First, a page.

Do you think an electr
omagnet will be attracted to the same things as a regular magnet?
Will it be attracted to all metal things?
Will it be attracted to other magnets?
As students are building the electromagnet, walk around the class to make sure that they are on
questions such as:
What happens to the electromagnet if you disconnect one of the wires from the battery?
How many turns of the wire does it take to pick up a paper clip?
Are more turns better?
After students have built their electromagnet and tested
it, you could ask questions such as the
following to extend their ideas:
What happens if you build another electromagnet using a different size battery?
How many paper clips will this new electromagnet pick up?
Does using a different size battery (“A” versus “C”) make a difference?
What things are attracted to a permanent magnet, such as a refrigerator magnet? Are
these the same things that are attracted to the electromagnet?
Are there any differences between w
hat the permanent magnet and the electromagnet can
After students have completed the activity, discuss the questions on their student sheets:
What is traveling through the wires? Where does the electricity come from?
Is an electromagnet a temporary
magnet or a permanent magnet? Why is it a temporary
How can you measure the strength of your electromagnet? How can you make your
Do not dismantle the electromagnets until you are finished with electromagnet activities, bu
sure they are disconnected from the batteries at the end of your class.
When you are finished with electromagnet activities, unwrap the wires and be sure the
electromagnets are not connected to the batteries. Students can label their electromagnets
tape and use them over and over.
Next, using the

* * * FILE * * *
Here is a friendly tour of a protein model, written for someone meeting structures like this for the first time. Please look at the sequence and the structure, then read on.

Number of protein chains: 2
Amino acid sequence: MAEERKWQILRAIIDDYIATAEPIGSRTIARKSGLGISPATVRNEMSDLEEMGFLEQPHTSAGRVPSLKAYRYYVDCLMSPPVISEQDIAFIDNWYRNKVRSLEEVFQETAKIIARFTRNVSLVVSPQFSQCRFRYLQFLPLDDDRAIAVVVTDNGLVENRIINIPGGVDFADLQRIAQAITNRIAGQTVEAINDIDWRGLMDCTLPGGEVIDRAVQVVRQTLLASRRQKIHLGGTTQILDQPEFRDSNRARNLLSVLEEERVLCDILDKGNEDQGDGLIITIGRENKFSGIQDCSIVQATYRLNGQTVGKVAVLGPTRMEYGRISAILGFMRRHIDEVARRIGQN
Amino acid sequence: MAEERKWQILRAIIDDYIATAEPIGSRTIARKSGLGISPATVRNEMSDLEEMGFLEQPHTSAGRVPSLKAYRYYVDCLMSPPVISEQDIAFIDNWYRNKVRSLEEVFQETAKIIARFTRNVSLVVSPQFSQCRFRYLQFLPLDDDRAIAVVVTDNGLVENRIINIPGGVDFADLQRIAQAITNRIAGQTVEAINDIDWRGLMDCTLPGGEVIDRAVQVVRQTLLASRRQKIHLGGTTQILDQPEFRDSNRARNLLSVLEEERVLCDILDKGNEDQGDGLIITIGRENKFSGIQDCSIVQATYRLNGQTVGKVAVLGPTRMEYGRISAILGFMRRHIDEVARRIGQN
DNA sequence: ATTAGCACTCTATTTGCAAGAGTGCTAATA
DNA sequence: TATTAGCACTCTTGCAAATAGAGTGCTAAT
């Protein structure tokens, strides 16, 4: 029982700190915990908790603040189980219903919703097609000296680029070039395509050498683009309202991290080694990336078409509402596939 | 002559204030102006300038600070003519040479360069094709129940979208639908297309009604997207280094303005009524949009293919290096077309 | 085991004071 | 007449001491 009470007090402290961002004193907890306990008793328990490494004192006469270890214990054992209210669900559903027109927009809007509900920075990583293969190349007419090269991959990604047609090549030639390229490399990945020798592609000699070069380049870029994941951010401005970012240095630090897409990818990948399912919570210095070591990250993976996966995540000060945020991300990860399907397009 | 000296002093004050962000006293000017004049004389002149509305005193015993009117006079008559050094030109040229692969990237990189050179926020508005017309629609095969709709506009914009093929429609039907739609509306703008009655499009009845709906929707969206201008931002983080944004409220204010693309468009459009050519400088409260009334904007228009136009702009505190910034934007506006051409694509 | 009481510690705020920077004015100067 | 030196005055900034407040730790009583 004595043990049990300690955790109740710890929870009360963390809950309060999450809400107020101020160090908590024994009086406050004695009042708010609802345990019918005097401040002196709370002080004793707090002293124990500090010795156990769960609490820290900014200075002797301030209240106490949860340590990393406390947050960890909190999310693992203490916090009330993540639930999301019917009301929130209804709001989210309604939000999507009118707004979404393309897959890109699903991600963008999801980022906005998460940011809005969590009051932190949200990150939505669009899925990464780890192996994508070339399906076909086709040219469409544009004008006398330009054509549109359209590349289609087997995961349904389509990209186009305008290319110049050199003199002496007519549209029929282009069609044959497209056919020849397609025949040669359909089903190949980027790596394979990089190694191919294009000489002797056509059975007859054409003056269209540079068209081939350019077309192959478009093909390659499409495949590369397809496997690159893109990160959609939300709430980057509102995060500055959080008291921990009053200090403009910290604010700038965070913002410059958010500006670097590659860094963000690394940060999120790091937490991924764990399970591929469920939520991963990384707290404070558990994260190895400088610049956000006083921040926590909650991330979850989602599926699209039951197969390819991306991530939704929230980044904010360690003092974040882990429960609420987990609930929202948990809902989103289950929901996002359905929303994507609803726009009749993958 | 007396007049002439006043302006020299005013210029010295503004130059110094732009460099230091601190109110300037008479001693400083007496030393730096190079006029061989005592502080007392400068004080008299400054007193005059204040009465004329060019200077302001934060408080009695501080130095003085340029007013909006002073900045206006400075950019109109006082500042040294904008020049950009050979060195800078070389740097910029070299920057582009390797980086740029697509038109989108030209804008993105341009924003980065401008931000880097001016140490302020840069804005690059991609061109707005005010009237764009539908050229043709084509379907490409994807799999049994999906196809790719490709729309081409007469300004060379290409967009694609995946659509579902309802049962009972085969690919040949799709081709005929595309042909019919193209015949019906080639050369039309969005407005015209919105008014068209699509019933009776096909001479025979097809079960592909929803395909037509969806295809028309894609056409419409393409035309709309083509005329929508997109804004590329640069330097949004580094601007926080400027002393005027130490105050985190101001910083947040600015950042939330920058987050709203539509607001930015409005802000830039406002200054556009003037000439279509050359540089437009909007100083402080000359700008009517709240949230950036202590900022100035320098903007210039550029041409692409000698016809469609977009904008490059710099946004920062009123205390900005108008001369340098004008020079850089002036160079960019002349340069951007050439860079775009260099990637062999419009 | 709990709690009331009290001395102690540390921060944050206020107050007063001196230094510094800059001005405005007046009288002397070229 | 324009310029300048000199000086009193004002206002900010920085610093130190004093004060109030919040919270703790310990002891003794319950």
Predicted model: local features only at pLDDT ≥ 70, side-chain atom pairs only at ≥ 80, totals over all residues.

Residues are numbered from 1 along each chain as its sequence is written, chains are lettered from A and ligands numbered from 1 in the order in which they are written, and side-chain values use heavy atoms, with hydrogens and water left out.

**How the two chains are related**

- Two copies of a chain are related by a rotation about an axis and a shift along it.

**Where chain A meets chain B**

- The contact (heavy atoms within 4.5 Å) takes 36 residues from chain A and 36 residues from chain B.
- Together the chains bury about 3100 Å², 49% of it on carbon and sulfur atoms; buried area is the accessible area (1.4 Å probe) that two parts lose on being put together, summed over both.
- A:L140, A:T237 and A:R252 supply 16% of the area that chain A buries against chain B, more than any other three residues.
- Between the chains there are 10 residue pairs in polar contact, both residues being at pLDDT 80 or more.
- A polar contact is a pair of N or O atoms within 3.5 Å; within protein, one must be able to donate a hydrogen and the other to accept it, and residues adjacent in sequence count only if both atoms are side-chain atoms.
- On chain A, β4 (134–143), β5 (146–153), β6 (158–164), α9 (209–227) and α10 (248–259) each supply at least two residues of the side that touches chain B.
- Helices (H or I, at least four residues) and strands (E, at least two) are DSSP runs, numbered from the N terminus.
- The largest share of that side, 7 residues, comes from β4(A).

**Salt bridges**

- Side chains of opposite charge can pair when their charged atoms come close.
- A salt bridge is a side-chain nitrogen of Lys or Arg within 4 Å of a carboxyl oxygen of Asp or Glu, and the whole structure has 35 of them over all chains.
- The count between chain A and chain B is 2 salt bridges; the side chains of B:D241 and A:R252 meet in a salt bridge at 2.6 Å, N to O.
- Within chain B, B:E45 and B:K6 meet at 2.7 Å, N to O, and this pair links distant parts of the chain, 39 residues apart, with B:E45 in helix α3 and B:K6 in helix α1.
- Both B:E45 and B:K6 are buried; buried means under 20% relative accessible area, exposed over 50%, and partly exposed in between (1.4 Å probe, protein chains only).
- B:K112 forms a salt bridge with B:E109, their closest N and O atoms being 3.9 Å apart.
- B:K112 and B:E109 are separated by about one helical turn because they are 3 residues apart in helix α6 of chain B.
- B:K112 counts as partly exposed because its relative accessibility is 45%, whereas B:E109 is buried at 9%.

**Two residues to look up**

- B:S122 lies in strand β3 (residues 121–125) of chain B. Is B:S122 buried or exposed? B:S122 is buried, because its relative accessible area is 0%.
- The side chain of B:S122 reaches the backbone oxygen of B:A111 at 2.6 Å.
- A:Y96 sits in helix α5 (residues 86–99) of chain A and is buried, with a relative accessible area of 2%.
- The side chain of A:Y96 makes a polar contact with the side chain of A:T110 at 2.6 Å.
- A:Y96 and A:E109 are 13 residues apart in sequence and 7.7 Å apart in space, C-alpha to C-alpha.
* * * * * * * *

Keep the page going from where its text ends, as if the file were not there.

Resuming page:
Sheet, students will explore
After students have explored the site, review how electromagnets are used in each of these items:
To assess student understanding, instruct your students to write several paragraphs to summarize
some of the uses of electromagnets described in the Web resource. They should explain the
function of the electromagnet in the devices described. They also sho
uld discuss how the
electromagnets in those devices are like the ones they built.
After doing the activity and exploring the website, students should understand that when an
electric current flows through a wire, a magnetic field is produced around it. T
the magnetic field, especially if we put an iron bar in the center of the field. They also should
generally understand that there are two ways to increase the strength of an electromagnet. One is
by adding more length to the wire (more coi
ls). The other is by increasing the amount of
electricity going through the wire. By increasing these two things, engineers have developed
very powerful electromagnets such as the enormous ones used in junkyards to lift large piles of
More detailed information about magnets and electromagnets can be found at
More activities to try with electromagnets can be found at
How Electromagnets Work:
Experiments to Try
. Also from How Stuff Works, students can learn how to
Make an Electric
© Copyright AAAS 2006. All rights reserved.